Clinical and psychosocial origins of chronic depressive episodes. I: A community survey.
G W Brown, P Moran


BACKGROUND We consider how far it is possible to predict a chronic course of a depressive disorder from psychosocial and clinical material available at the point of onset.

METHOD A population survey found 404 working-class mothers living in an inner-city area of London. The majority were interviewed three times over a 3-year period.

RESULTS Chronicity (more than 12 months' duration) was strongly related to both childhood adversity (parental indifference, family violence or any sexual abuse) and current adult interpersonal difficulties. The lack of positive events during the course of the episode was also independently related to chronicity, but to a lesser degree. Clinical characteristics were relatively unimportant compared with psychosocial factors.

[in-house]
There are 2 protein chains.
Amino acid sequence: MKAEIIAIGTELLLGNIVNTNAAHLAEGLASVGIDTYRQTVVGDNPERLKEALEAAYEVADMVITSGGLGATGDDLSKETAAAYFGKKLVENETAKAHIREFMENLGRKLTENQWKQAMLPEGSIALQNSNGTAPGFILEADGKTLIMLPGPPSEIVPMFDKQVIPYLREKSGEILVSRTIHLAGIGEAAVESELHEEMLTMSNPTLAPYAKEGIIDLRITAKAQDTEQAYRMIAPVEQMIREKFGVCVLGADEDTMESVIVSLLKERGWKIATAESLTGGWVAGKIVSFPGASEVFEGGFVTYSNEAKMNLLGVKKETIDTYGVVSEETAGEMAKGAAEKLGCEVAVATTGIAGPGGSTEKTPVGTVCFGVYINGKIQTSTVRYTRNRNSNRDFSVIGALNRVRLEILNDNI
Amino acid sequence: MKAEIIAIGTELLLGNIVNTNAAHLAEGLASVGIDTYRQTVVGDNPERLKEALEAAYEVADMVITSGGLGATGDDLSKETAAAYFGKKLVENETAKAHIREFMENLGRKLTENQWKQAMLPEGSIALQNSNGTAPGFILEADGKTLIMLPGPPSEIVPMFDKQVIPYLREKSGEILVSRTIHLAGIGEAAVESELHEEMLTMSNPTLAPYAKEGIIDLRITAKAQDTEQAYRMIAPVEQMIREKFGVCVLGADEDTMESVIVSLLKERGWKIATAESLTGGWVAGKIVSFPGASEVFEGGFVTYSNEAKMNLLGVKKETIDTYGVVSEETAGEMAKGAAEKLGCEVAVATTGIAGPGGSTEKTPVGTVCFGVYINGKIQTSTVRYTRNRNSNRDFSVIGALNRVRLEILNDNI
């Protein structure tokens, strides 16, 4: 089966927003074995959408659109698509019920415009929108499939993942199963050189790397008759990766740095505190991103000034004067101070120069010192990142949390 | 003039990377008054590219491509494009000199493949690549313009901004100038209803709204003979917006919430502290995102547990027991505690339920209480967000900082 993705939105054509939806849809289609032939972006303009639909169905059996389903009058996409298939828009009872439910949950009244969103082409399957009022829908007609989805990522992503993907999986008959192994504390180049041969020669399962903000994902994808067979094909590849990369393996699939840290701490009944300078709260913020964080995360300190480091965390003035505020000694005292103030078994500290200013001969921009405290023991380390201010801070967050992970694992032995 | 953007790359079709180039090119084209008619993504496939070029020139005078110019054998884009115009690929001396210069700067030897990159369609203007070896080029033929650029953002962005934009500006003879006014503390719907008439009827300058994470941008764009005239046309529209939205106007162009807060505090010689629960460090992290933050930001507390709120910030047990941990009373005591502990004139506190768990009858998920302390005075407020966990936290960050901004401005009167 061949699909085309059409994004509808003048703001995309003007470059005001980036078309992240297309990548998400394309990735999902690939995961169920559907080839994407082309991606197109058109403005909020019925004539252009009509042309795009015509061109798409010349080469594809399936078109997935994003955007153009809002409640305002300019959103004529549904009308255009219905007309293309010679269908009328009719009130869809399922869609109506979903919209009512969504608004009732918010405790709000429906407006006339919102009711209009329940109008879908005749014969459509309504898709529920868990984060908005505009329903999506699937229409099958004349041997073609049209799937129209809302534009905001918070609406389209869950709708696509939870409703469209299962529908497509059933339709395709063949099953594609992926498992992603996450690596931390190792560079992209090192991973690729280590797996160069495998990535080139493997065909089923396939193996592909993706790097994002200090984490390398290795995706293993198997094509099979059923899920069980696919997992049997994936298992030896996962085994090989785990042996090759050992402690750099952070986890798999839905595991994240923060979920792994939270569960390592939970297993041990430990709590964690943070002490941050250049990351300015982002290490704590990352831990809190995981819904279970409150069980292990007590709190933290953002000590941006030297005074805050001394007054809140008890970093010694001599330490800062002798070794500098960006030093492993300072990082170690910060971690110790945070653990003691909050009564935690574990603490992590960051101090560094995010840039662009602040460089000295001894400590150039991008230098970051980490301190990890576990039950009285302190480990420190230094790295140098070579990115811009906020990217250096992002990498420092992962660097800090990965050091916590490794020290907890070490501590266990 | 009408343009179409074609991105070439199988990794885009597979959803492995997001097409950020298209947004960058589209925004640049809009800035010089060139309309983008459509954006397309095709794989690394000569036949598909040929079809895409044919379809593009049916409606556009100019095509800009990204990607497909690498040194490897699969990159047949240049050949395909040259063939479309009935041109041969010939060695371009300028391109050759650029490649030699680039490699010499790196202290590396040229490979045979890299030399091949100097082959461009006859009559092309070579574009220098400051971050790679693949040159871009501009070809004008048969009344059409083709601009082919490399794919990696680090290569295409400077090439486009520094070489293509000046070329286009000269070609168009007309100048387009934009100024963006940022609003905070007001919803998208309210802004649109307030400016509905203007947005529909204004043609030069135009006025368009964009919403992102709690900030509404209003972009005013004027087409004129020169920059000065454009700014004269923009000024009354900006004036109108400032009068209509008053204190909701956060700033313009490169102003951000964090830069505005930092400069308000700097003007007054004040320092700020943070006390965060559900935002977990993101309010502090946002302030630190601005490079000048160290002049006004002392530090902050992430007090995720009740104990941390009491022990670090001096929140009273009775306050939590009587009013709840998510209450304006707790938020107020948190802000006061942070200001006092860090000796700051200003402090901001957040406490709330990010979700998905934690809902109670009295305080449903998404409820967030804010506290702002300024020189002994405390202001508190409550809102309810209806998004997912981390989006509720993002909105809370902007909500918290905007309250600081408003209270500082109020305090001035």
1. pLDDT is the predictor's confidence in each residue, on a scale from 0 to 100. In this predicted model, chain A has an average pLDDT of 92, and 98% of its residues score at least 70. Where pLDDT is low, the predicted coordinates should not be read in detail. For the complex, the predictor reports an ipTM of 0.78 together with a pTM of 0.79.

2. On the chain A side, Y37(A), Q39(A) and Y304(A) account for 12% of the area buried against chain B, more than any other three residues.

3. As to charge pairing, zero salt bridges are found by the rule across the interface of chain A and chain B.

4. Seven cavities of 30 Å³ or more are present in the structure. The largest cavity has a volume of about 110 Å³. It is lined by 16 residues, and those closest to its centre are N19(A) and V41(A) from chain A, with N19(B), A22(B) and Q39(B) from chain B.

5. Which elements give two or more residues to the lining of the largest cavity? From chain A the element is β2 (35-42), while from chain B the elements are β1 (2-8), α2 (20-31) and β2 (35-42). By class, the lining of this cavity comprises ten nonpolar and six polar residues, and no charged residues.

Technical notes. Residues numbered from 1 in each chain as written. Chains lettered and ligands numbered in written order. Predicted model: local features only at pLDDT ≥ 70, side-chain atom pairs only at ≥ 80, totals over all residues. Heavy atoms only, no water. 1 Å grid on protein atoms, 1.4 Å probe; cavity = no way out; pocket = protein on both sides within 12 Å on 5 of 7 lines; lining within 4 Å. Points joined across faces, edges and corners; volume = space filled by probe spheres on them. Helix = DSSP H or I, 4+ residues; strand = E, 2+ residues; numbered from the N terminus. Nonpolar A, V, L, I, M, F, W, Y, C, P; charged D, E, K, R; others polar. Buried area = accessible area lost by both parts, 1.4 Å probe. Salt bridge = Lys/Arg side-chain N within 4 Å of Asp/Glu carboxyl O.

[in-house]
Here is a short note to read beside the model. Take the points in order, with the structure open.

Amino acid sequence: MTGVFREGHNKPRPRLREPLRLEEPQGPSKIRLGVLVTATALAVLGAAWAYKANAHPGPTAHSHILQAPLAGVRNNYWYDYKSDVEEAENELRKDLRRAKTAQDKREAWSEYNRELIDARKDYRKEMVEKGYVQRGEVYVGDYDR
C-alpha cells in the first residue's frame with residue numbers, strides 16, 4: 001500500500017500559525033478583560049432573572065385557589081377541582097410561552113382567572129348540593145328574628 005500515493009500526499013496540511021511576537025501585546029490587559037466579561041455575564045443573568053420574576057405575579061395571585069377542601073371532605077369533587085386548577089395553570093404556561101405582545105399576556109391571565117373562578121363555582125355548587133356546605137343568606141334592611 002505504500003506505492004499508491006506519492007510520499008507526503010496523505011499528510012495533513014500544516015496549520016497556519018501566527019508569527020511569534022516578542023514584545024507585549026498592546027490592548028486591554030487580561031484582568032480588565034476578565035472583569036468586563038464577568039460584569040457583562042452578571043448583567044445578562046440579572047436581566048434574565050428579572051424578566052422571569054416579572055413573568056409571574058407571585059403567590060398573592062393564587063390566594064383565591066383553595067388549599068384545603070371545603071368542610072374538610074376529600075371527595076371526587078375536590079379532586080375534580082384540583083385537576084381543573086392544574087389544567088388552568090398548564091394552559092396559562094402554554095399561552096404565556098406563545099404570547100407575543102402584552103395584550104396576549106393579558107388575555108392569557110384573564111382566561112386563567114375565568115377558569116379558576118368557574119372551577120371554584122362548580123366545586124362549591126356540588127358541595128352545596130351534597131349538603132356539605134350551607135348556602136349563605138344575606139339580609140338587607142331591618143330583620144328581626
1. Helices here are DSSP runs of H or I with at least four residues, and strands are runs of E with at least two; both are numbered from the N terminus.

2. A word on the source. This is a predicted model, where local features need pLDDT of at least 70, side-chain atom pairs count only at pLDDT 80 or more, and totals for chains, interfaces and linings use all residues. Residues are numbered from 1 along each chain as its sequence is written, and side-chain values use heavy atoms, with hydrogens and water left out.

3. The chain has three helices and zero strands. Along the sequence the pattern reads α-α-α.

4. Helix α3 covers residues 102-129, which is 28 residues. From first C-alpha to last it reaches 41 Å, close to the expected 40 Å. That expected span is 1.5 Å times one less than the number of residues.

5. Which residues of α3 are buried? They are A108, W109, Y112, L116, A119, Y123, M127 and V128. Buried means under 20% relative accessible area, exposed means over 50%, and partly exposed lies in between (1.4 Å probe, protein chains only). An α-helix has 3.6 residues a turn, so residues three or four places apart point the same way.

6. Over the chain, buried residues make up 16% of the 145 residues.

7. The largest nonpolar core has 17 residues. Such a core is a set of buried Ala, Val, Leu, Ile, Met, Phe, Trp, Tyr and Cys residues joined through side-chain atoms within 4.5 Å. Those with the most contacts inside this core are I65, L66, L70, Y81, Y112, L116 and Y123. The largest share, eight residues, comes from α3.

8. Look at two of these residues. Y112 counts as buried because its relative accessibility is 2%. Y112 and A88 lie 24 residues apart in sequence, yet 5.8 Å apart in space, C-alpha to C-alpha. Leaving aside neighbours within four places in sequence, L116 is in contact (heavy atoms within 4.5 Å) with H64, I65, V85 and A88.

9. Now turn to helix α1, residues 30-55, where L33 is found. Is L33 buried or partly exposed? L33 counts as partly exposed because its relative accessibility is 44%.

CONCLUSIONS The childhood risk factors were particularly important (judged by a path analysis), and a challenge for future research will be to establish the intervening processes involved with this distal link.